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Use of Deadly Force: Pre-Shooting Conduct and the 21 Foot Rule
By Jack Ryan

A circumstance that officers often face is the suicidal individual who, in essence, holds him or herself hostage. These are difficult cases. While such cases require a police response, officers sometimes are caught between a rock and hard place. Much has been written about the concept of “suicide by cop” but the fact remains that officers are often called to deal with these situations and are expected to prevent the suicide without causing injury or death. At times this is an impossible task. A common denominator that runs through this type of case is an attack on the officer’s tactics in approaching the individual. While at the moment the officer shot, he or she was in danger, the theory is that the officer did something that was tactically incorrect in the approach that contributed to the need to use deadly force.

Estate of Larsen v. Denver, serves as an example. On April 15, 2003, Lyle Larsen called 911 and reported that he was going to kill himself or someone else. Officers responded to the scene and found Mr. Larsen holding a knife that was more than a foot long. Mr. Larsen was standing on the high side of a front yard which was above the sidewalk. Officer Murr and Brase both ordered Larsen to drop the knife. It initially appeared that Larsen was about to comply, but then he suddenly raised the knife over his head. The officers reported that his eyes got “as big as the size of quarters” and Larsen turned toward Officer Murr and pointed the knife at him. The officers continued ordering Larsen to drop the knife. As he stepped toward Officer Murr, Murr used deadly force, shooting and killing Larsen. At the time of the shooting Murr and Larsen were separated by anywhere from 7-20 feet.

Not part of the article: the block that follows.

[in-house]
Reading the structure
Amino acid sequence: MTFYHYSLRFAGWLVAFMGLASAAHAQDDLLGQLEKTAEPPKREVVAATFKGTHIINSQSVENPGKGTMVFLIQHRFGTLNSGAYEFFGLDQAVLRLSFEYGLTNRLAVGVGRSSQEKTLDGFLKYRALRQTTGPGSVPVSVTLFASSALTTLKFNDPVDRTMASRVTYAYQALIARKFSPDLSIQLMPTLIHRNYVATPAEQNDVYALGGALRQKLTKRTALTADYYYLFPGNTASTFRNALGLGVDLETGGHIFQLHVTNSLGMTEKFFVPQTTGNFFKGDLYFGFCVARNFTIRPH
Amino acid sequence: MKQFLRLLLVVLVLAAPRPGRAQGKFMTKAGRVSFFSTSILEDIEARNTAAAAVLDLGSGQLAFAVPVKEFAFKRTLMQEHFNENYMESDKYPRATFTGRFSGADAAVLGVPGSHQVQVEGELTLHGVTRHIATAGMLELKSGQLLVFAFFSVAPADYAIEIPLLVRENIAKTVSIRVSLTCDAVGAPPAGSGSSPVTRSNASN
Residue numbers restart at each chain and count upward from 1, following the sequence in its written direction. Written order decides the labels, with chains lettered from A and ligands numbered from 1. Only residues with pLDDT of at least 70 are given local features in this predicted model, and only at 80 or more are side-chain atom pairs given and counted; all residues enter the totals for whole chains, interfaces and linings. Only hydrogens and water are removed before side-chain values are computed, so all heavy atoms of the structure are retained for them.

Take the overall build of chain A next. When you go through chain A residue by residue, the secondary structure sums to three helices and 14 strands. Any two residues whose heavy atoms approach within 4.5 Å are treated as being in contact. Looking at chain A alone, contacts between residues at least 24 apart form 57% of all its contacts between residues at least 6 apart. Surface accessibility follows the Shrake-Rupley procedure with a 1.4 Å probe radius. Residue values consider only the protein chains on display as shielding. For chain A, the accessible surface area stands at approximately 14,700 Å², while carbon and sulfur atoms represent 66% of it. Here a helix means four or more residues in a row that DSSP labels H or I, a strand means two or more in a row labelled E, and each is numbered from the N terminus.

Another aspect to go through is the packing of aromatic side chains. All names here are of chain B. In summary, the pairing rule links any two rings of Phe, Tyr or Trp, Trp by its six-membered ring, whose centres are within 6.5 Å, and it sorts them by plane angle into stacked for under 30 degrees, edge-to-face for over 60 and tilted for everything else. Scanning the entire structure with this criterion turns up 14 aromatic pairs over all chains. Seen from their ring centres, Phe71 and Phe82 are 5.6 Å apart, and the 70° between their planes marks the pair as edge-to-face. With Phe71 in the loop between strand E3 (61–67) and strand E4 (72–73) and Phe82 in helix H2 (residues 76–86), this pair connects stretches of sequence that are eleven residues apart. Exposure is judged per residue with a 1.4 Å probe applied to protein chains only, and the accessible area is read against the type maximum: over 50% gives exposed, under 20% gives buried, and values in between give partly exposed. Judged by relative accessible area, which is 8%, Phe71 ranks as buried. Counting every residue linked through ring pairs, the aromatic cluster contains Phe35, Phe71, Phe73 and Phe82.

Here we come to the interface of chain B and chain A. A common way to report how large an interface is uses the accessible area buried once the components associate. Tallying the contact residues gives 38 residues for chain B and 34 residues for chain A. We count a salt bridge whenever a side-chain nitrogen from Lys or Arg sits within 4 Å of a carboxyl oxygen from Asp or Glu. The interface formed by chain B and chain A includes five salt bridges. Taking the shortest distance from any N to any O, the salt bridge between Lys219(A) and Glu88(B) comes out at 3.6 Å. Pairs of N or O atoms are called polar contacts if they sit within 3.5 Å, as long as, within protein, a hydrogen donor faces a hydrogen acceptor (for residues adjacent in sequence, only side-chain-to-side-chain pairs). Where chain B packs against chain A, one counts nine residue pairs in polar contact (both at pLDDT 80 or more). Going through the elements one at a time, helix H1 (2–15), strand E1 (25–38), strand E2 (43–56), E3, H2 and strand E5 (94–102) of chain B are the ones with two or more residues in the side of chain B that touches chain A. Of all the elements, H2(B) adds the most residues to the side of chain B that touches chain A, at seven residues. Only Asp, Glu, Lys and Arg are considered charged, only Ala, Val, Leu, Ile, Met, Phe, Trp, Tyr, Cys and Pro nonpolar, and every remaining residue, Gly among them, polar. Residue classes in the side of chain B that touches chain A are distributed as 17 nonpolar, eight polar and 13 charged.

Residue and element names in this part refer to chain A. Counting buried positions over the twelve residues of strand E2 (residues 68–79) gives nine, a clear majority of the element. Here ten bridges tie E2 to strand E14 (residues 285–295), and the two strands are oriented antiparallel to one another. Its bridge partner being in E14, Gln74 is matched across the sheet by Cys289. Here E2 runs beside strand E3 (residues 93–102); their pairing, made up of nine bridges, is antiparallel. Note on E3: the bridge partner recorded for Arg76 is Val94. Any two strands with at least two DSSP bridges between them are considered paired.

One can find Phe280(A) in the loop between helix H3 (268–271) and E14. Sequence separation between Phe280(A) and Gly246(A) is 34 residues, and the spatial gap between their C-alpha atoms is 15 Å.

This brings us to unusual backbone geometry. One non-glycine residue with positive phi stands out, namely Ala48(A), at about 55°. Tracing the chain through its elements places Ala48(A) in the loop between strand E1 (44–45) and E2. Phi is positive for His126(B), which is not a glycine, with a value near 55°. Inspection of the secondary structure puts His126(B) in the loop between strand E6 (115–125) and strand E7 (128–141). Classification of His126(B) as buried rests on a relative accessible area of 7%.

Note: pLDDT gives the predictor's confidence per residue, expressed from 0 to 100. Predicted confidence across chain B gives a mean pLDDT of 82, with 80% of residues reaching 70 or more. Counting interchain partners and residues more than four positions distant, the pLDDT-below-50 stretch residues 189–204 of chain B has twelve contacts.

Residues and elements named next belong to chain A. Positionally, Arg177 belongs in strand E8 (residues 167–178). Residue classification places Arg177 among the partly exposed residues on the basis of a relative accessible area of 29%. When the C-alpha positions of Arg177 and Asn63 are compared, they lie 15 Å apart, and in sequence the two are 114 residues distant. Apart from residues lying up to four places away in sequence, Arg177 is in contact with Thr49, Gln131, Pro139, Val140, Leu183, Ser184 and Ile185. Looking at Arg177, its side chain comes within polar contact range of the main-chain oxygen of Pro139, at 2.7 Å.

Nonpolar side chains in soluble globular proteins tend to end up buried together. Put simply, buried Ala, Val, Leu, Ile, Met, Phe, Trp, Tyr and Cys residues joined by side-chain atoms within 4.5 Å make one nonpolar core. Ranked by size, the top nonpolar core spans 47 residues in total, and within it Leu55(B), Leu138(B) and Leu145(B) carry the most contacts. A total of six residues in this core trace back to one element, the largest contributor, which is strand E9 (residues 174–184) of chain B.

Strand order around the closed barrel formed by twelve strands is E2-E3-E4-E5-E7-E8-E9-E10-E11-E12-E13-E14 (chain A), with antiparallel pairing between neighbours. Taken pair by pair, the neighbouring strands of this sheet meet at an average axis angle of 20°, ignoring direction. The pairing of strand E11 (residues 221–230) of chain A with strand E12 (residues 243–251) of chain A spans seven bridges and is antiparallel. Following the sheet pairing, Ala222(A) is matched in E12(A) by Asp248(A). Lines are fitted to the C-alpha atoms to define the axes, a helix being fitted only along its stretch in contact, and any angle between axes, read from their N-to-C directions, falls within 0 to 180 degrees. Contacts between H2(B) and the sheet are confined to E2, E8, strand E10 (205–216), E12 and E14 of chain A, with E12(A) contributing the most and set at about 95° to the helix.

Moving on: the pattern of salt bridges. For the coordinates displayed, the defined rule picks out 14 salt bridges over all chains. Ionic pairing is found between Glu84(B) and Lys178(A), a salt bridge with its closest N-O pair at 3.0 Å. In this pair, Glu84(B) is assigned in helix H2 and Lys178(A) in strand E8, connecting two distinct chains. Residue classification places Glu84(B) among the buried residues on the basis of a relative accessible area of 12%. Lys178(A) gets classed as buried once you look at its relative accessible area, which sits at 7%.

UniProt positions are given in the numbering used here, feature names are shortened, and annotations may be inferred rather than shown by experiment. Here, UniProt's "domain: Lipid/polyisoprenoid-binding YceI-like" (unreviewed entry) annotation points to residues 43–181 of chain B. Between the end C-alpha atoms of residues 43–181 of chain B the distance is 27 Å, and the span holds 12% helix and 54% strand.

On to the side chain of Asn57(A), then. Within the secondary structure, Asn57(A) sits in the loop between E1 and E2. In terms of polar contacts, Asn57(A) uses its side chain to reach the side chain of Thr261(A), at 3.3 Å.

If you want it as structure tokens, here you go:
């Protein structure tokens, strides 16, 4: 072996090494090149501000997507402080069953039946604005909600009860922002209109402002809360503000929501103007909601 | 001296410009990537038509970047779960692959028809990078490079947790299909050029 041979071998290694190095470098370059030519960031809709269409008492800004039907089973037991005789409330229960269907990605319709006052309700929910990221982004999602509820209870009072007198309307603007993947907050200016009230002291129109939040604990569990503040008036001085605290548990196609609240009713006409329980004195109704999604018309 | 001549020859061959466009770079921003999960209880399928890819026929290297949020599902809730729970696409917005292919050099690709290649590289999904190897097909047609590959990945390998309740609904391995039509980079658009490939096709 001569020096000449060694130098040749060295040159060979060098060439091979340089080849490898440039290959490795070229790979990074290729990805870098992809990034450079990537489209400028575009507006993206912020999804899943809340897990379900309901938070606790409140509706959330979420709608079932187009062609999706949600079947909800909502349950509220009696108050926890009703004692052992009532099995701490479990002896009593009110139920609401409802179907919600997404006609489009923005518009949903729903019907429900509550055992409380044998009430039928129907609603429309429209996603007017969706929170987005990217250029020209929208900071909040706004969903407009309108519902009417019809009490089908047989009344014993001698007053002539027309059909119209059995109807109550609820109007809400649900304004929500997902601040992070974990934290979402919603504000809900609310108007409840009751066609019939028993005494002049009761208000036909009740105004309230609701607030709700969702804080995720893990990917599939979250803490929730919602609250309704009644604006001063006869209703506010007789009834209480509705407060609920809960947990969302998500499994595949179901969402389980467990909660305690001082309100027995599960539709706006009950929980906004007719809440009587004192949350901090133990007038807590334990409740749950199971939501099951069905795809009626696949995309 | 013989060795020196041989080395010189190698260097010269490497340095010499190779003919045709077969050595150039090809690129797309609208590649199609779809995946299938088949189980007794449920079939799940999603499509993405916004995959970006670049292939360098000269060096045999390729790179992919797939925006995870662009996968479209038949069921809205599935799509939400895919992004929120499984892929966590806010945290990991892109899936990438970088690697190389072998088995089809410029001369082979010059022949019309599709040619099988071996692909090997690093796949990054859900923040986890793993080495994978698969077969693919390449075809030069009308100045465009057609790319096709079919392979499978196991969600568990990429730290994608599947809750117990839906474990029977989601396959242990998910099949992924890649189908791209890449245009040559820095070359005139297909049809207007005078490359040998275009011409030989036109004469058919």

While there was no question that Officer Murr’s use of deadly force was necessary at the time he fired, the issue raised by the plaintiffs’ was whether Officer Murr’s actions leading up to the need to use deadly force had, in some way, created the need to use deadly force.

The Estate contended “that Officer Murr contributed to the deadly confrontation because he did not wait for and failed to request backup assistance, failed to retreat or take a defensive position behind a truck or light pole, failed to ‘talk Mr. Larsen down,’ placed himself too close to Mr. Larsen, failed to use other means to disarm Mr. Larsen (i.e., with his baton), failed to request for a member of the SWAT team to use less-lethal weaponry, failed to request other assistance from officers trained in crisis techniques, and failed to call for a less lethal weapon to be provided for his own use. In support of such contention, the Estate proffers the opinion of its expert, H. Ellis Armistead, that Officer Murr had other options available other than use of deadly force. ”